The Children Are Watching
In an earlier blog I stated that the cruel treatment of immigrant children being separated from their families at our southern border resides in our government’s sense that these are “other people’s children,” not ours to take care of, show compassion to, or be responsible for. I said surely if we understood the humanity of these very young children, we would never take them far away from their parents, would not deny their parents an asylum hearing for fleeing known harms threatening their children. Surely if we saw them as “all our children,” we would show compassion, be smart and kind in our treatment of these traumatized arrivals, and in respecting their humanity affirm our own.
Turns out I was wrong. Two new studies show our country doesn’t do too well by its own children. Too many are poor. Too many lack access to health care. Too many fail to graduate high school. And too many lack safe housing and basic services essential for children to thrive.
I previously highlighted the new report by the UnitedNations on extreme poverty worldwide. It shows the very wealthy US with as many as one-fifth (20%) of its children living in poverty. Many in extreme poverty – the measure of which is a mere $2.00/day. As New York Times columnist Nicholas Kristof reminds us in reporting out the UN study, the US regularly separates American children from families through mass incarceration and over-use of the foster system, both of which disproportionately to lasting harm to African American families and children.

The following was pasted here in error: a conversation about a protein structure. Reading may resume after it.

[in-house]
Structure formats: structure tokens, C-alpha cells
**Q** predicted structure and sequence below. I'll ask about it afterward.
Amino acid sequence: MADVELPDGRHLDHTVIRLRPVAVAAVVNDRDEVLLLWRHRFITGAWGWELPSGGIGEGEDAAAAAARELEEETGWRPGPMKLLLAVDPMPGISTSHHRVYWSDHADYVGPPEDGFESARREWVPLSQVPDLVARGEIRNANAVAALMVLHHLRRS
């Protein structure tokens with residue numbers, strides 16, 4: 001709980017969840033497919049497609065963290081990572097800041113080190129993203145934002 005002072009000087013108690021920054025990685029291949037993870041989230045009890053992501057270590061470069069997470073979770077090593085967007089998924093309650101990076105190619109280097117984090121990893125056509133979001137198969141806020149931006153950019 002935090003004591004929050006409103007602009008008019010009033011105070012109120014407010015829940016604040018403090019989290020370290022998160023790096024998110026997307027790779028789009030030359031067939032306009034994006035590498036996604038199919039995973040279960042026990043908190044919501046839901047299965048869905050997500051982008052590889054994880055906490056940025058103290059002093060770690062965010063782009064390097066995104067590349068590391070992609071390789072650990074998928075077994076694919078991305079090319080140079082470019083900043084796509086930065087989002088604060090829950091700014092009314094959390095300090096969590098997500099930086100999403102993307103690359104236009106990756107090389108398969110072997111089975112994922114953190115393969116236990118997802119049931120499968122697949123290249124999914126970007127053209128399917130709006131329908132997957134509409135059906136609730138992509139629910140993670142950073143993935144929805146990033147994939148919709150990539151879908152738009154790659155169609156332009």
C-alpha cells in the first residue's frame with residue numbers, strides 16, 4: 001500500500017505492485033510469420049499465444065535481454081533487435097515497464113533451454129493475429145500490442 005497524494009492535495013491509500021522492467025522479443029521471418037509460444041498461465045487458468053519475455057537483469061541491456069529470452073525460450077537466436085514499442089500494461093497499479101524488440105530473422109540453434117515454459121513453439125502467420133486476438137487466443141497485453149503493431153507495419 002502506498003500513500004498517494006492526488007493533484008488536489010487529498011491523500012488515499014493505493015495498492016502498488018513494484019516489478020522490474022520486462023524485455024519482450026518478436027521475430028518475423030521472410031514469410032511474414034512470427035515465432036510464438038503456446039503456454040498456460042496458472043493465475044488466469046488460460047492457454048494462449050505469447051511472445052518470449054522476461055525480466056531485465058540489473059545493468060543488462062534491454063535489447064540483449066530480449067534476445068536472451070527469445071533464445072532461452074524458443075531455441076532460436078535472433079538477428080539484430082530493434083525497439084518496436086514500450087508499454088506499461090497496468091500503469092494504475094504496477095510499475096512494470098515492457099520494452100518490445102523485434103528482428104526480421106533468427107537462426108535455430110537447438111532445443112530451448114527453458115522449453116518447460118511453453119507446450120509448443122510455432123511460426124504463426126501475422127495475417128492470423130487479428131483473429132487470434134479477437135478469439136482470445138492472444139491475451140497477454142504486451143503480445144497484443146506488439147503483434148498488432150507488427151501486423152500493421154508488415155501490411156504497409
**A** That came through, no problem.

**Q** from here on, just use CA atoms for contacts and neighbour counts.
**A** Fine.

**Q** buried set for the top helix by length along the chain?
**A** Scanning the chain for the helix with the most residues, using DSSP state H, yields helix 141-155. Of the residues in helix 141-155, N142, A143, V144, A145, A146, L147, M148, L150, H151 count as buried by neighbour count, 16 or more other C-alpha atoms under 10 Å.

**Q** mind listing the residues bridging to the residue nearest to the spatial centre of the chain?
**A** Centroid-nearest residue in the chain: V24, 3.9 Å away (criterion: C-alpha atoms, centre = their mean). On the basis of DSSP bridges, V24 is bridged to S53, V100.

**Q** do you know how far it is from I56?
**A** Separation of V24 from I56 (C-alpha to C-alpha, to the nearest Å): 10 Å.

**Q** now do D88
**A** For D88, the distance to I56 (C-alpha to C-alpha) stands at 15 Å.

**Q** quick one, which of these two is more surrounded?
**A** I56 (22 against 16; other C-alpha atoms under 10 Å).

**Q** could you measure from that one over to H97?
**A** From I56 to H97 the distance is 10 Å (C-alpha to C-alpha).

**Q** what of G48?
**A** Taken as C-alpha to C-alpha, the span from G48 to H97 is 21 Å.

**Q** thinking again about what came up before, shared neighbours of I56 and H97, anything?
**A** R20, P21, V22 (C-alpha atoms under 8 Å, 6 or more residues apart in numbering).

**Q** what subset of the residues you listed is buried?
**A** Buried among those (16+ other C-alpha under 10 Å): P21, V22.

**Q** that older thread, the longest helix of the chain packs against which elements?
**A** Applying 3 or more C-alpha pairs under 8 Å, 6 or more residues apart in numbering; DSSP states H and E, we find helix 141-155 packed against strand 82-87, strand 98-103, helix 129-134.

So what about Texas? The nation and the world have their eyes on Texas as the detention tents, internment camps and “baby jails” are constructed along our southern border for migrant families seeking safety for their families. If the cameras turned away from the border to scan the communities where “our” children live, what would they see?
The just-released Kids Count 2018 by the Annie E. Casey Foundation has the numbers and they are not good. Texas, one of the richest states in the US and one of the richest economies in the world, ranks among the lowest 10 states in the welfare of its children. The facts are shameful, the need for action never more urgent. Here is a summary of this year’s Kids Count Texas from the Center for Public Policy Priorities:
Texas Ranks 43rd in Latest National Rankings of Child Well-Being
Reflecting overall trends in the United States, Texas child poverty and health insurance rates have improved. An estimated 22 percent of Texas children lived in poverty in 2016, down from 23 percent in 2015. Despite these gains, Texas still lags behind other states, ranking 37th in child poverty and 48th in the percent of children without health insurance.
The national KIDS COUNT Data Book annually ranks each state in four core areas of child well- being: health, education, economic well-being and family and community. Texas lags behind most states in child well-being, and state legislators need to enact policies to improve child outcomes. Texas ranks:
- 35th in economic well-being. Although the number of children in poverty has decreased, more than 1.6 million Texas kids still live in poverty. About 27 percent of kids in Texas live in families where no member of the household has full-time, year-round employment.